Calcium Homeostasis in Myogenic Differentiation Factor 1 (MyoD)-Transformed, Virally-Transduced, Skin-Derived Equine Myotubes

Fernandez-Fuente, M and Terracciano, C M and Martin-Duque, P and Brown, S C and Vassaux, G and Piercy, R J (2014) Calcium Homeostasis in Myogenic Differentiation Factor 1 (MyoD)-Transformed, Virally-Transduced, Skin-Derived Equine Myotubes. PLoS One, 9 (8). e105971.

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Abstract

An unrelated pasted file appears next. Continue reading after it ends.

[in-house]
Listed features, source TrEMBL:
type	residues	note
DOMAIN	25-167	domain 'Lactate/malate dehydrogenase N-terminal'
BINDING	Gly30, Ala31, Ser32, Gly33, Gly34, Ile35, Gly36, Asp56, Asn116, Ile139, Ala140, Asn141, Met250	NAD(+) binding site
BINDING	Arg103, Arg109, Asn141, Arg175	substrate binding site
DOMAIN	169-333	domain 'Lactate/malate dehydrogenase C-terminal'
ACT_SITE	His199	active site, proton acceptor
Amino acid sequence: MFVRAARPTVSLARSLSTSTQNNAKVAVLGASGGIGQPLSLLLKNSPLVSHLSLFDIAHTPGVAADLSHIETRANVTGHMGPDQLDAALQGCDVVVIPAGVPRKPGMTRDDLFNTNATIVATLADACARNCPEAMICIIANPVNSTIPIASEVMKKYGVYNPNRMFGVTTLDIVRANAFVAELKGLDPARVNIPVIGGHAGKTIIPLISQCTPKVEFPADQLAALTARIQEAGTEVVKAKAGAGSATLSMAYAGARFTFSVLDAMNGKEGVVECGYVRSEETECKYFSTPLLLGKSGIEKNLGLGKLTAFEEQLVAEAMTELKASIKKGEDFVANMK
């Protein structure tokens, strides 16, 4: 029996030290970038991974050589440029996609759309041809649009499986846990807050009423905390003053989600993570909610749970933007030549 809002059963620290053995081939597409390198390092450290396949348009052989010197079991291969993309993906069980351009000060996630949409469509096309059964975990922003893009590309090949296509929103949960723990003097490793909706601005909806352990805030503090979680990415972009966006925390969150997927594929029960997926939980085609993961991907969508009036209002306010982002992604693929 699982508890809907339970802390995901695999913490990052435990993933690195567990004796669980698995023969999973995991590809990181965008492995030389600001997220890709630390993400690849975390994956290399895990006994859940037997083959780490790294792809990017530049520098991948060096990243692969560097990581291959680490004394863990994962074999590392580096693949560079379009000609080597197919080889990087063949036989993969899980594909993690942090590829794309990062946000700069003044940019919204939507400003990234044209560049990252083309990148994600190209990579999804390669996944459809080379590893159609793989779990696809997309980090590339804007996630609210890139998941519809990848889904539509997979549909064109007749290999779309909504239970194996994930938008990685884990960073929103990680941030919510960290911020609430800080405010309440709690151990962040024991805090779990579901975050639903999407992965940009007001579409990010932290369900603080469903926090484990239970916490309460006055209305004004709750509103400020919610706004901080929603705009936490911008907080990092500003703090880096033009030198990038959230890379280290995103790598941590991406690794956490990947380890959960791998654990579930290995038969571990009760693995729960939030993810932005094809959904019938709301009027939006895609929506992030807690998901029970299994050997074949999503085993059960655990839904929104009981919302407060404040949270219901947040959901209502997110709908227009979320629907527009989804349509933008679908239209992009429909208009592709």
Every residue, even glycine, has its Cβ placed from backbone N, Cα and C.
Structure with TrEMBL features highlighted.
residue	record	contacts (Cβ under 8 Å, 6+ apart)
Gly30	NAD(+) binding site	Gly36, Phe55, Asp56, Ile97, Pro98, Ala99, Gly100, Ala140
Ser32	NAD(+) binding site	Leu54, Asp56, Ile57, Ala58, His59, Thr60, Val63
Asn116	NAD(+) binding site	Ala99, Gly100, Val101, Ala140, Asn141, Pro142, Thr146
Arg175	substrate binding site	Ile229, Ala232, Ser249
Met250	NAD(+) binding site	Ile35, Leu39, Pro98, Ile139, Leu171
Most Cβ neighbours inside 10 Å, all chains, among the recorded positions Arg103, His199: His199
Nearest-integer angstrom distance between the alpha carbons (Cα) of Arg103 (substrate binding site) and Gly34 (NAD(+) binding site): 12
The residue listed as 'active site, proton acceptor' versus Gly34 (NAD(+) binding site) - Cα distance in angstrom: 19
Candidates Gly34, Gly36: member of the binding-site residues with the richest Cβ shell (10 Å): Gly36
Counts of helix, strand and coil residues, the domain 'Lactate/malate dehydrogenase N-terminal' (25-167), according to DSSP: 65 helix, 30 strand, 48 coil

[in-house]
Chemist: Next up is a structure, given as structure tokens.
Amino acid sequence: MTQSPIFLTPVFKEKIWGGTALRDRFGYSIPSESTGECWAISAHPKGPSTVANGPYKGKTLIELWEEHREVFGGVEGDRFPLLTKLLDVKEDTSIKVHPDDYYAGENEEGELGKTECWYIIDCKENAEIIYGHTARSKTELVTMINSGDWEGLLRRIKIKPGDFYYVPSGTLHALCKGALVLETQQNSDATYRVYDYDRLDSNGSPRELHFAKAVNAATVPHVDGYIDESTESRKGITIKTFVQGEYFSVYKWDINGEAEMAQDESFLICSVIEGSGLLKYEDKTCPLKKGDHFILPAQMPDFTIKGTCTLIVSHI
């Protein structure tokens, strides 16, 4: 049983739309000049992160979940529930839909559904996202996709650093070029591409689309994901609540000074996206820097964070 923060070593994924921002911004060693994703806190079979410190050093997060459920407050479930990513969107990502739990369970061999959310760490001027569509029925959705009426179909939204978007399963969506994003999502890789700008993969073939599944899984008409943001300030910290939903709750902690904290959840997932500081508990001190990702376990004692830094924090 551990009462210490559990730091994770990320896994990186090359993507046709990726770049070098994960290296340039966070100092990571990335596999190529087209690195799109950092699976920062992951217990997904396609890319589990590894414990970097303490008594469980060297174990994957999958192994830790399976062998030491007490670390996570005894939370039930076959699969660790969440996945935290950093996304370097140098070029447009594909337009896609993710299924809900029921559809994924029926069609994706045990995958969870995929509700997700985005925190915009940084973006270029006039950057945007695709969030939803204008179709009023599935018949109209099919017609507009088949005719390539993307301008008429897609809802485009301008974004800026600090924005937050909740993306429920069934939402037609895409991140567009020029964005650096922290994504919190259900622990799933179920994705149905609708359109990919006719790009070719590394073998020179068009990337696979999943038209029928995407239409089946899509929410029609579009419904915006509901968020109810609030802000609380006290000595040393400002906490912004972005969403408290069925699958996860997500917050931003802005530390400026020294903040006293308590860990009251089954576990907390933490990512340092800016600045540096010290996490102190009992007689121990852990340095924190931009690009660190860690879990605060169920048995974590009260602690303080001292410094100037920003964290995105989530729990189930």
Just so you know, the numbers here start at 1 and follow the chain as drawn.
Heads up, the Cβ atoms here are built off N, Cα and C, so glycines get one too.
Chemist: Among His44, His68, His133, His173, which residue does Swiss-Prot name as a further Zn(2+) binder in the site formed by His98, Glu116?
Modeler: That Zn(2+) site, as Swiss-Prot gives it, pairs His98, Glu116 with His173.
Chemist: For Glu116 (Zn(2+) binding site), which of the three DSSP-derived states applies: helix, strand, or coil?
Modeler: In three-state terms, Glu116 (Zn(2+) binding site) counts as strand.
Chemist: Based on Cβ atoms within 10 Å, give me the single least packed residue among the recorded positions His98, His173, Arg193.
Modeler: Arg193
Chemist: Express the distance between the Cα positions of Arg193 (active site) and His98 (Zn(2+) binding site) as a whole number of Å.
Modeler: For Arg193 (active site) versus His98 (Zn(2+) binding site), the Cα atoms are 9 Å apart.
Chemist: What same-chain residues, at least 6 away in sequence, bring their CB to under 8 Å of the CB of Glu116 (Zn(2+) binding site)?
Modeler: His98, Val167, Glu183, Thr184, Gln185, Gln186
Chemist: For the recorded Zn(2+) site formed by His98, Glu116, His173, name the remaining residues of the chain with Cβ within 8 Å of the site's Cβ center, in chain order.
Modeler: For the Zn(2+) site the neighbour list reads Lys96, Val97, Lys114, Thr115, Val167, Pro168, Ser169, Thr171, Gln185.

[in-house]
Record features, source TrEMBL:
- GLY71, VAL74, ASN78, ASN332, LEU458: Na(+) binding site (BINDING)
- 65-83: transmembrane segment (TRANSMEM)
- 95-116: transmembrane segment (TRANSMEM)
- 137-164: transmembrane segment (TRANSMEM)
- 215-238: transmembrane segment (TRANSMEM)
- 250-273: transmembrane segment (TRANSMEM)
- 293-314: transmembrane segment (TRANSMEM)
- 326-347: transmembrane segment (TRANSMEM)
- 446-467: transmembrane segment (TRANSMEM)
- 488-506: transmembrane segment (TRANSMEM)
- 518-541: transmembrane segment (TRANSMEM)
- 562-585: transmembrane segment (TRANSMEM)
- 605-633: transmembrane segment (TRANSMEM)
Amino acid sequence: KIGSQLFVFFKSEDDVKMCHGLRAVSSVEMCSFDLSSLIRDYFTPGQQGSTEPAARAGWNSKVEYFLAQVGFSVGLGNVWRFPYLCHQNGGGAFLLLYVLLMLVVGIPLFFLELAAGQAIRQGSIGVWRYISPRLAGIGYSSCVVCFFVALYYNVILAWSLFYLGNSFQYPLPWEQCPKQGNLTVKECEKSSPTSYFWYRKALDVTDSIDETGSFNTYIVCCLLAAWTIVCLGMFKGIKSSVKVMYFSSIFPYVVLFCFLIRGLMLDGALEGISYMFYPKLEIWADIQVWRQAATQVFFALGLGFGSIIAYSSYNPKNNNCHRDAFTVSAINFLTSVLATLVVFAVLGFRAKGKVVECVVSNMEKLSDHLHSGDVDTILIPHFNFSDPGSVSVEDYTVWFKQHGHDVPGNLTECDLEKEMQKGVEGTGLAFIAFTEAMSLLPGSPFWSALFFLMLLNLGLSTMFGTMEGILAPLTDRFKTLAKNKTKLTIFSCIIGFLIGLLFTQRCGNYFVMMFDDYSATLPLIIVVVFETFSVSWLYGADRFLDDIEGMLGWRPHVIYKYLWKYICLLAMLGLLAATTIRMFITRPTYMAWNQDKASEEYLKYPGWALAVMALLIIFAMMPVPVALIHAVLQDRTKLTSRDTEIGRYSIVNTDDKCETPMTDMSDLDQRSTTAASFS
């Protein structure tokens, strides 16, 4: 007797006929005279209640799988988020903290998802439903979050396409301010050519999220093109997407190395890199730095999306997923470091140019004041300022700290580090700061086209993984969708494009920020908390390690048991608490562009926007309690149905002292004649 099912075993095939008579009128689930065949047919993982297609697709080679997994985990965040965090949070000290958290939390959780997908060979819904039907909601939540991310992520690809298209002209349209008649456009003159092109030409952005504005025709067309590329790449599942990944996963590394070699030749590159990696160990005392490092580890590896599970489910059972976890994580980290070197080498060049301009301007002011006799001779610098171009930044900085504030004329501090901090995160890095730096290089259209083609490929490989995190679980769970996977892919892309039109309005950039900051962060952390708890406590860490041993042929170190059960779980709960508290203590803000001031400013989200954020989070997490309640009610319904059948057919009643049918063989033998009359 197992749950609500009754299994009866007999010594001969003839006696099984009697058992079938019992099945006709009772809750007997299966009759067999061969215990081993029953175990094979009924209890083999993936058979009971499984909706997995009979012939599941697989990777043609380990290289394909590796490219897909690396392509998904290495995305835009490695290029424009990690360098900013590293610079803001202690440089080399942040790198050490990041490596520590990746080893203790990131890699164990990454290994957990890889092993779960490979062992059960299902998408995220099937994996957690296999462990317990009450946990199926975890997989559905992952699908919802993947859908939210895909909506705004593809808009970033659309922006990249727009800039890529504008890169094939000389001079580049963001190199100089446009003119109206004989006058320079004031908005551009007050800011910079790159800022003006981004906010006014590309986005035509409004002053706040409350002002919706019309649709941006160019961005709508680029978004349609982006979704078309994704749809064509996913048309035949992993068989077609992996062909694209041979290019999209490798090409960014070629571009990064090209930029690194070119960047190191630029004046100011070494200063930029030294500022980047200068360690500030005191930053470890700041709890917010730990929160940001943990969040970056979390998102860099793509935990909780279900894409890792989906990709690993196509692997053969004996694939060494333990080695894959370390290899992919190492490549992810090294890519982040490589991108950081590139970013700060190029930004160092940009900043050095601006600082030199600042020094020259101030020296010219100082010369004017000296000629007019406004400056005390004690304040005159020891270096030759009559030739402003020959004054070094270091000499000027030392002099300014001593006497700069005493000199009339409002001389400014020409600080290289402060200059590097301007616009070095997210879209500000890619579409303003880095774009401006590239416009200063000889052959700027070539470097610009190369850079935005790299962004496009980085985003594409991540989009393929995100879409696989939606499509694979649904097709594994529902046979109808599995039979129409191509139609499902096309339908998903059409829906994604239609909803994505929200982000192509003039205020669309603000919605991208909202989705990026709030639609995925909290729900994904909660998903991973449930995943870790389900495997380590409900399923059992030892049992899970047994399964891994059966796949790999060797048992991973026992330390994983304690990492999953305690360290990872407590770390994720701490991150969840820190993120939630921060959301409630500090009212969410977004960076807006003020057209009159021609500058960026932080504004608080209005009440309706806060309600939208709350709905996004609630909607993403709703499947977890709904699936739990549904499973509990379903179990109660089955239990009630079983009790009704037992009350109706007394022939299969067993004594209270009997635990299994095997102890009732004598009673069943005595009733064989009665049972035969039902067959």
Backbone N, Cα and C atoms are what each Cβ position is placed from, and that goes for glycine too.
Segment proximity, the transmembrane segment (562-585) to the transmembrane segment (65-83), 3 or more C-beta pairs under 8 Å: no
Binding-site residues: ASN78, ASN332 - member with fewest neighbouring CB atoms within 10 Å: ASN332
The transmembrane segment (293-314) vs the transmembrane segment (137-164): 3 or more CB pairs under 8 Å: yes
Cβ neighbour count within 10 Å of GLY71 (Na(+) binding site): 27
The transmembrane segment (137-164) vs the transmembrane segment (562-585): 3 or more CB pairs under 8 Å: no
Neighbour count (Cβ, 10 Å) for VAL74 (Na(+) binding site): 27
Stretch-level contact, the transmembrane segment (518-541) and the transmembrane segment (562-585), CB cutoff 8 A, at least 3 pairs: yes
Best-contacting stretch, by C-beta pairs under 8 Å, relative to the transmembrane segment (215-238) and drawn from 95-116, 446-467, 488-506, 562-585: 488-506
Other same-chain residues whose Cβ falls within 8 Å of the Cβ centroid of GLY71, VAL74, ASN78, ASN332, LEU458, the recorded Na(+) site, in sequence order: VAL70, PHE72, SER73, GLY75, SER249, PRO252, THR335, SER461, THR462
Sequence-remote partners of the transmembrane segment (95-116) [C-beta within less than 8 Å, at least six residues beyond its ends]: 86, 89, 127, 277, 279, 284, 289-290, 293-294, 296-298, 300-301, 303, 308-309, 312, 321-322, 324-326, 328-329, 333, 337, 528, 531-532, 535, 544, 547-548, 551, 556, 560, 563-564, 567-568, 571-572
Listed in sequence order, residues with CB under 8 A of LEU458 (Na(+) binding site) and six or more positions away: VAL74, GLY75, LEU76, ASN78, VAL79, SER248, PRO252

Dysfunctional skeletal muscle calcium homeostasis plays a central role in the pathophysiology of several human and animal skeletal muscle disorders, in particular, genetic disorders associated with ryanodine receptor 1 (RYR1) mutations, such as malignant hyperthermia, central core disease, multiminicore disease and certain centronuclear myopathies. In addition, aberrant skeletal muscle calcium handling is believed to play a pivotal role in the highly prevalent disorder of Thoroughbred racehorses, known as Recurrent Exertional Rhabdomyolysis. Traditionally, such defects were studied in human and equine subjects by examining the contractile responses of biopsied muscle strips exposed to caffeine, a potent RYR1 agonist. However, this test is not widely available and, due to its invasive nature, is potentially less suitable for valuable animals in training or in the human paediatric setting. Furthermore, increasingly, RYR1 gene polymorphisms (of unknown pathogenicity and significance) are being identified through next generation sequencing projects. Consequently, we have investigated a less invasive test that can be used to study calcium homeostasis in cultured, skin-derived fibroblasts that are converted to the muscle lineage by viral transduction with a MyoD (myogenic differentiation 1) transgene. Similar models have been utilised to examine calcium homeostasis in human patient cells, however, to date, there has been no detailed assessment of the cells’ calcium homeostasis, and in particular, the responses to agonists and antagonists of RYR1. Here we describe experiments conducted to assess calcium handling of the cells and examine responses to treatment with dantrolene, a drug commonly used for prophylaxis of recurrent exertional rhabdomyolysis in horses and malignant hyperthermia in humans.